Are you shocked by these numbers?
    No.Drayton II was very bad for this organization.

    Which is the most shocking?
    7: .500+ win seasons. I would have said under.

    \What’s your 3-or-5 step plan to reach stability?
    1. Keep looking at numbers and communicate with them. This is meant to describe internal communications and to stay the course on the ‘system’.
    2. Develop succession plans. I saw over the off season that a friend of Strom was appointed to be pitching coach at AAA. I only remember that his nickname was ‘Ace’. This is probably a step to ensure continuity on the pitching side. On the offensive side, I don’t recall hearing if the assistant hitting coach is still with the team or not, but having people lined up will help maintain consistency.
    3. Make it about the game. – No more stories about the front office. Make it about the team and the game.

    Which players would you project as the nucleus (along with Altuve) for 2017 and beyond?
    Whoever signs the right deal. I see a Cardinals type stategy here. If they are successful, there will be money, but only to a certain point.

    Which of these is more significant to creating stability: Crane, Luhnow or Hinch?
    Has to be Luhnow.


    • Interesting answers gcp. Whether Crane or Luhnow is more significant to creating stability might be considered a toss-up. Luhnow has a lot of responsibility to keep Crane’s expectations reasonable as you say and he can keep changing coaches and managers on an annual merry-go-round. Crane however can completely change the “Plan” by tossing out Luhnow and hiring somebody completely new (who would also end up with his manager and his coaches, etc). So they both have big tie-ins to stability.


      • I would argue that Crane can destroy stability in the manner you suggest, but that he cannot create it by doing so. Certainly the owner is going to have a tie-in to stability, but if Luhnow goes, it is difficult to see stability being created as a result.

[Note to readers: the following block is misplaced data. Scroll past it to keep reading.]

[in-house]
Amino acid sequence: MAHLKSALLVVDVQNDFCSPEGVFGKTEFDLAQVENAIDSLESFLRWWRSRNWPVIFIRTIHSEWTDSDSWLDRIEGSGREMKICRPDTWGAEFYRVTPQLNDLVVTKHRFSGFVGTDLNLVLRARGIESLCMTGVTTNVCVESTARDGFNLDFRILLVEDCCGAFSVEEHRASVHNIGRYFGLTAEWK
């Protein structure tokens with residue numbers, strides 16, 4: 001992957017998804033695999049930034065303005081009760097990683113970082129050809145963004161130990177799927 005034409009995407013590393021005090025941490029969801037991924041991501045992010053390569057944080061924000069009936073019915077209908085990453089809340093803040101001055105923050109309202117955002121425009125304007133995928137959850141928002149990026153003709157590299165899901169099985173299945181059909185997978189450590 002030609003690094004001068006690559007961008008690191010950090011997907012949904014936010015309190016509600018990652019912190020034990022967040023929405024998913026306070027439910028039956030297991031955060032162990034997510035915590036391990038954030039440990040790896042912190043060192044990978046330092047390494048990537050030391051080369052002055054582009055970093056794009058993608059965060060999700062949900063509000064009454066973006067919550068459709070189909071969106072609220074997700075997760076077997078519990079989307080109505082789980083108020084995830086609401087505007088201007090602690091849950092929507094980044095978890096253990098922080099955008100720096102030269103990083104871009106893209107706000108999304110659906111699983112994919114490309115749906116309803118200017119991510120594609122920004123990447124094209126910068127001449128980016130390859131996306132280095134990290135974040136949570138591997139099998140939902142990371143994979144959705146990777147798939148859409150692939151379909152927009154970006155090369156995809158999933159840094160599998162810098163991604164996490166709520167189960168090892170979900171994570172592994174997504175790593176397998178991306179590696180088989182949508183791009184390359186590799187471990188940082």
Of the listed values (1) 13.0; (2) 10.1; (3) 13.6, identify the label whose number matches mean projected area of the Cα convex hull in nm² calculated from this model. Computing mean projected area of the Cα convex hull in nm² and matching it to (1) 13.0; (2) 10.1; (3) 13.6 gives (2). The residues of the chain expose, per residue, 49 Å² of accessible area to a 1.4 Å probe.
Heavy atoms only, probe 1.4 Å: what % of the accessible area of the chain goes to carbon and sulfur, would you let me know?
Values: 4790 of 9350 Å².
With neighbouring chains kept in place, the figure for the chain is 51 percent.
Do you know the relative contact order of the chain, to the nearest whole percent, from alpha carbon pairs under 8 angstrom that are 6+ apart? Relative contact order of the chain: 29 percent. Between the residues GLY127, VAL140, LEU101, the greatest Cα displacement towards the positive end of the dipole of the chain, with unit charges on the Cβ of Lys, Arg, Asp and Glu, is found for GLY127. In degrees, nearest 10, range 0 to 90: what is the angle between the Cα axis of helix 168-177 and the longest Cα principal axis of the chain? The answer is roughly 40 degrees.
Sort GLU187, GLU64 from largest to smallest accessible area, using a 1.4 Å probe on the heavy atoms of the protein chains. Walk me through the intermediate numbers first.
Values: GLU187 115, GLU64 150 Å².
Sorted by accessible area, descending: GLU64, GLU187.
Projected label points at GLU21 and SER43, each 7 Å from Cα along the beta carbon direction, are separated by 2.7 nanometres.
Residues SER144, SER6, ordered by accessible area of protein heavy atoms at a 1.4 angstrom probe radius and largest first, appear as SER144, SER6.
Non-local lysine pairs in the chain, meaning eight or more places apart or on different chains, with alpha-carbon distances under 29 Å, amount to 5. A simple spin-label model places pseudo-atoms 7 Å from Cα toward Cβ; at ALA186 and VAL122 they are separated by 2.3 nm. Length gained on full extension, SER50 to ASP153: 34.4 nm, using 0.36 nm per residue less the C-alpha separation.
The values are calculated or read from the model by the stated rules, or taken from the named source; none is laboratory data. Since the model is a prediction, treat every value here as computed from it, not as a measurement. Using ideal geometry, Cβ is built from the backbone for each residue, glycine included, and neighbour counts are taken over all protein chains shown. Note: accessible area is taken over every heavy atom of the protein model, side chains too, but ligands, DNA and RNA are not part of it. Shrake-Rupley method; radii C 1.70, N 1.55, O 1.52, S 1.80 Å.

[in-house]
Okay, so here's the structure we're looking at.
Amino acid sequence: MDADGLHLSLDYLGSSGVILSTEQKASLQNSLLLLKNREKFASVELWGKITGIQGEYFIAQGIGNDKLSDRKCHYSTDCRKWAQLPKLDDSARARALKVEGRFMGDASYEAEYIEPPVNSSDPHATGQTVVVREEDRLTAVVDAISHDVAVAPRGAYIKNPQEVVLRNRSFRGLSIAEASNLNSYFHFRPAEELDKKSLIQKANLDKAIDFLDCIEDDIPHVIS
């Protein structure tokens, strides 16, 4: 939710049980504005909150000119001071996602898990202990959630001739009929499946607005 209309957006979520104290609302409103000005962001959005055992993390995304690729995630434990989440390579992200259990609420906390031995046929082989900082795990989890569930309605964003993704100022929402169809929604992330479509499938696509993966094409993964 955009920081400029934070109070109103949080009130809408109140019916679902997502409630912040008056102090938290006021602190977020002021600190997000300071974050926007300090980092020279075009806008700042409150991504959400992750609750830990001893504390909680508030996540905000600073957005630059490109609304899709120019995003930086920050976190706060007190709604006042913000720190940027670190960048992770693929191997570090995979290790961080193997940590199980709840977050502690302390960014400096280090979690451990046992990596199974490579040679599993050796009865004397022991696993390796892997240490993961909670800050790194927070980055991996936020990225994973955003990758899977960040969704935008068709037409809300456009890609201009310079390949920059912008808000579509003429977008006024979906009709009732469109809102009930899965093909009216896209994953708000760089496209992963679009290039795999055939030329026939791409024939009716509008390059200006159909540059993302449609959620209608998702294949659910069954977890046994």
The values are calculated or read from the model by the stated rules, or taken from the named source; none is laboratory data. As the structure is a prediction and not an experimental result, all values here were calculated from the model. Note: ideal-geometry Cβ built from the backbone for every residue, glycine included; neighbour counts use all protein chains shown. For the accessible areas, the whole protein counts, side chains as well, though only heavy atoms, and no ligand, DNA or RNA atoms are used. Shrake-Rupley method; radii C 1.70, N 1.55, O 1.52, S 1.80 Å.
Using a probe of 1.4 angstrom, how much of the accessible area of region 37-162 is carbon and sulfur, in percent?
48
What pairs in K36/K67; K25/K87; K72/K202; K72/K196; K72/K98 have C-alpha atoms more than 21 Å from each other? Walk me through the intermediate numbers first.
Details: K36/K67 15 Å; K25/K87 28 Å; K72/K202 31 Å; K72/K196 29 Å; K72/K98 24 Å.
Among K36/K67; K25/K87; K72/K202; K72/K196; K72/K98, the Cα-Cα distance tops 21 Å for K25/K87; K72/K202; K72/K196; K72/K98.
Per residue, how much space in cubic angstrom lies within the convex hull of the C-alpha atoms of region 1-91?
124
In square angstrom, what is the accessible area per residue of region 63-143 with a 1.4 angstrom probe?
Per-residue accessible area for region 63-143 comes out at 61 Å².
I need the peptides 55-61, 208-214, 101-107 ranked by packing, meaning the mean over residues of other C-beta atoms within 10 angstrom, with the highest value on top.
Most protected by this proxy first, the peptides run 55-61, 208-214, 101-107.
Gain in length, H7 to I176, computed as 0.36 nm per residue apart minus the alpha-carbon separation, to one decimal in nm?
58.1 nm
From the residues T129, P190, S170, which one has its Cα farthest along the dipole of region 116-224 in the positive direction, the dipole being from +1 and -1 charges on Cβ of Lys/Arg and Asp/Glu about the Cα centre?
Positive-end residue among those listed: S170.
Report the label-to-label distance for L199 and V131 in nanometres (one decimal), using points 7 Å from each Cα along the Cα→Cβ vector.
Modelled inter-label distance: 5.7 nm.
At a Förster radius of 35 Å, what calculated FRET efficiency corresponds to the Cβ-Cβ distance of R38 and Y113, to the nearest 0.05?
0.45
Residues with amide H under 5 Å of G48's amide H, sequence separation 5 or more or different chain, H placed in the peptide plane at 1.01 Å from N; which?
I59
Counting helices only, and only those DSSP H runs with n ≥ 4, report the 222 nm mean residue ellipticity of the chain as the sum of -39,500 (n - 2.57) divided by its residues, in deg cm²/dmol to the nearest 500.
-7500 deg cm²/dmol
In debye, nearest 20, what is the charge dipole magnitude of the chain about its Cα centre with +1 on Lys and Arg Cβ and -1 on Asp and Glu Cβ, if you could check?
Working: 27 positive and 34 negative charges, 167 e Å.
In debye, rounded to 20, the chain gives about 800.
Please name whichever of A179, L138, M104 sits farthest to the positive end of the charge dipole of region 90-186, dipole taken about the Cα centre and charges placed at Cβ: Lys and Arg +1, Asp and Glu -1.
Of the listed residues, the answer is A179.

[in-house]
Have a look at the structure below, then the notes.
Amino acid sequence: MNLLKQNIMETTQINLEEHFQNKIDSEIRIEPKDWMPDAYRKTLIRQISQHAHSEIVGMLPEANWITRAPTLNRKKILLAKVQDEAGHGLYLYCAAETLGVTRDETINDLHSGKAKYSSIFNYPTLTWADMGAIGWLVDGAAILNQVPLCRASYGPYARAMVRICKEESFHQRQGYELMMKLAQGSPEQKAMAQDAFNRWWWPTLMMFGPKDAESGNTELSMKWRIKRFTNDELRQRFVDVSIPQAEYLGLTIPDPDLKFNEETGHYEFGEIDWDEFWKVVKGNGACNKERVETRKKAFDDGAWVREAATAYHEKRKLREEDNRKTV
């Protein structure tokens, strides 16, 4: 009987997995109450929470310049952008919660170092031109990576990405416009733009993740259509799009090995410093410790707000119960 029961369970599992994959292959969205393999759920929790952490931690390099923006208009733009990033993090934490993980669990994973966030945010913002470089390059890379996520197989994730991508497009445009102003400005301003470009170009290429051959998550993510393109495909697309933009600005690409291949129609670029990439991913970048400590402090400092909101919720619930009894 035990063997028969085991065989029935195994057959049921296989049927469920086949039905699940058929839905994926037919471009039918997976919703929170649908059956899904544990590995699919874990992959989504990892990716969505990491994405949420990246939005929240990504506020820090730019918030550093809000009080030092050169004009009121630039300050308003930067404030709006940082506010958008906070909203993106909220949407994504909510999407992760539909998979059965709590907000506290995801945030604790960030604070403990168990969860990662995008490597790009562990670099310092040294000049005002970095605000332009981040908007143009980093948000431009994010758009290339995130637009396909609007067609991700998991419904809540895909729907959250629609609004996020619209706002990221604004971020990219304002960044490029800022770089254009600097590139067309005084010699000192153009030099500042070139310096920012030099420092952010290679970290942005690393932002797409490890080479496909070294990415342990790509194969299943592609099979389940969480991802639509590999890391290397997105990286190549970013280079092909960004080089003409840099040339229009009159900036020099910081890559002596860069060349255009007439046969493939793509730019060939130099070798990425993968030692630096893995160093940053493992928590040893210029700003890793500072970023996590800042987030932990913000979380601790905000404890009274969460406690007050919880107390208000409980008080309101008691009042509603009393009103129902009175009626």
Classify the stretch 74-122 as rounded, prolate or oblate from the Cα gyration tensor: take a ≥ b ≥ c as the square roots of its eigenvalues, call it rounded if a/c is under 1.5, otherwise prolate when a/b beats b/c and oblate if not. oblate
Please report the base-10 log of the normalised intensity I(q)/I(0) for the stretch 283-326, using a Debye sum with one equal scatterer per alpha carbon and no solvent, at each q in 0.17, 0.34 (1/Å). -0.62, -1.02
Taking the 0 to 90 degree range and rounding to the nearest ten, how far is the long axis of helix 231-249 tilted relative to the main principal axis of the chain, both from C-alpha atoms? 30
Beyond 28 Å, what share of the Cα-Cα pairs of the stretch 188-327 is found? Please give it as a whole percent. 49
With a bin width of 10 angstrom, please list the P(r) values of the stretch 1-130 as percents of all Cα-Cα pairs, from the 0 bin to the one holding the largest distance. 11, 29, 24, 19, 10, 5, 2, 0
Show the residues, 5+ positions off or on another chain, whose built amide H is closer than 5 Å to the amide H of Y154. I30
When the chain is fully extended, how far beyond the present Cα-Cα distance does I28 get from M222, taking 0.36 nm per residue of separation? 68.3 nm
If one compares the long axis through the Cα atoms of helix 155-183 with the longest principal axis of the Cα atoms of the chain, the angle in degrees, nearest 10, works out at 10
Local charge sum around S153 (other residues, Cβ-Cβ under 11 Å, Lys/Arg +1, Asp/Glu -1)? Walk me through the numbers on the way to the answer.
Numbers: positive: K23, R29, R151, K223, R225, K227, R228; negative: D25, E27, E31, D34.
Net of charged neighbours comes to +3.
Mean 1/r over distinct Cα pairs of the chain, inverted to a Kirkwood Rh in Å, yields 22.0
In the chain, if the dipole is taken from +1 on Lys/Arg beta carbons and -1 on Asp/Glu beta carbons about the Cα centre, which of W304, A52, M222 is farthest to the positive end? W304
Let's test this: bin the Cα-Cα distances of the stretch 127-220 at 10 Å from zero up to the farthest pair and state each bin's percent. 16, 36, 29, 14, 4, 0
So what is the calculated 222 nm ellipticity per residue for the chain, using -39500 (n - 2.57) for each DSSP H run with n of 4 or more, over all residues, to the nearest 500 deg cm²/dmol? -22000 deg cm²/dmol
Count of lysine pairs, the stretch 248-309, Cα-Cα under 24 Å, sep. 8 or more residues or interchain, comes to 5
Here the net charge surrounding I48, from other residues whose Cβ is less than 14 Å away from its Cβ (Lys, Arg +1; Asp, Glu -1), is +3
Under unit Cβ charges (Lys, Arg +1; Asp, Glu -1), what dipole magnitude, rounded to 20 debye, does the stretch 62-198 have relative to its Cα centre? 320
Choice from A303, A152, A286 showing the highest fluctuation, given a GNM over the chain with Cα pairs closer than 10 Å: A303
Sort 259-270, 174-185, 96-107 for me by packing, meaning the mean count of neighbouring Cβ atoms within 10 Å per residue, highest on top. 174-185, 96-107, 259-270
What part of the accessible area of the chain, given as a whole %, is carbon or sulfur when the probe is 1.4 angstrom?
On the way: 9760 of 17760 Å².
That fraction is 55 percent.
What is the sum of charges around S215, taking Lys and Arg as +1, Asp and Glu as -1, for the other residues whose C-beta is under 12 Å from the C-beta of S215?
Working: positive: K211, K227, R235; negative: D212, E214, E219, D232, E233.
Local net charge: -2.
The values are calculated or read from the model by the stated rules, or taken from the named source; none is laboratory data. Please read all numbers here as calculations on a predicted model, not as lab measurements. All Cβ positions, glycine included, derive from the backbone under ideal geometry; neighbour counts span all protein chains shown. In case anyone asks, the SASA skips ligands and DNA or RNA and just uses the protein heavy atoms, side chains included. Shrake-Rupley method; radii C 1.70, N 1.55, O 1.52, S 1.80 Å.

9. The challenge for Luhnow with Crane is something that Hunsicker could not accomplish with McLane. Luhnow must manage Crane’s expectations and constantly re-sell The Plan and keep it on course. If Crane gets antsy or anxious and ratchets up his expectations and they aren’t in line with The Plan, things get a bit out of kilter.

    Since Luhnow obviously got an extension last fall and Crane agreed that Porter needed to go, it soiunds as though Luhnow and Crane are pretty much on the same page. It’s in Luhnow’s best interest that he “manage” that relationship — and the one with Hinch — extremely well in the coming year or so…


    • So I wonder how receptive Crane would be to “Well if you want more success right now – we can drop the plan and you can double the payroll.” I’m guessing not too receptive.


  10. Which players would I project as a nucleus for 2017 and beyond?
    Singleton, Altuve, Correa, Moran, Springer, Keuchel, Appel, Feliz.
    This was a very tough question for me because of Reed and Singleton. I can see both of them at 1B, but I honestly think that Singleton has a chance to be very good if he gets his personal life in order. With the DH there may be room for both.
    But the single most valuable player of them all could be a Stassi who hits .250 at the major league level. He is slotted perfectly in time to be ready at the right moment. I think he is a very important player in our system.
    I see Phillips added to the list by 2018.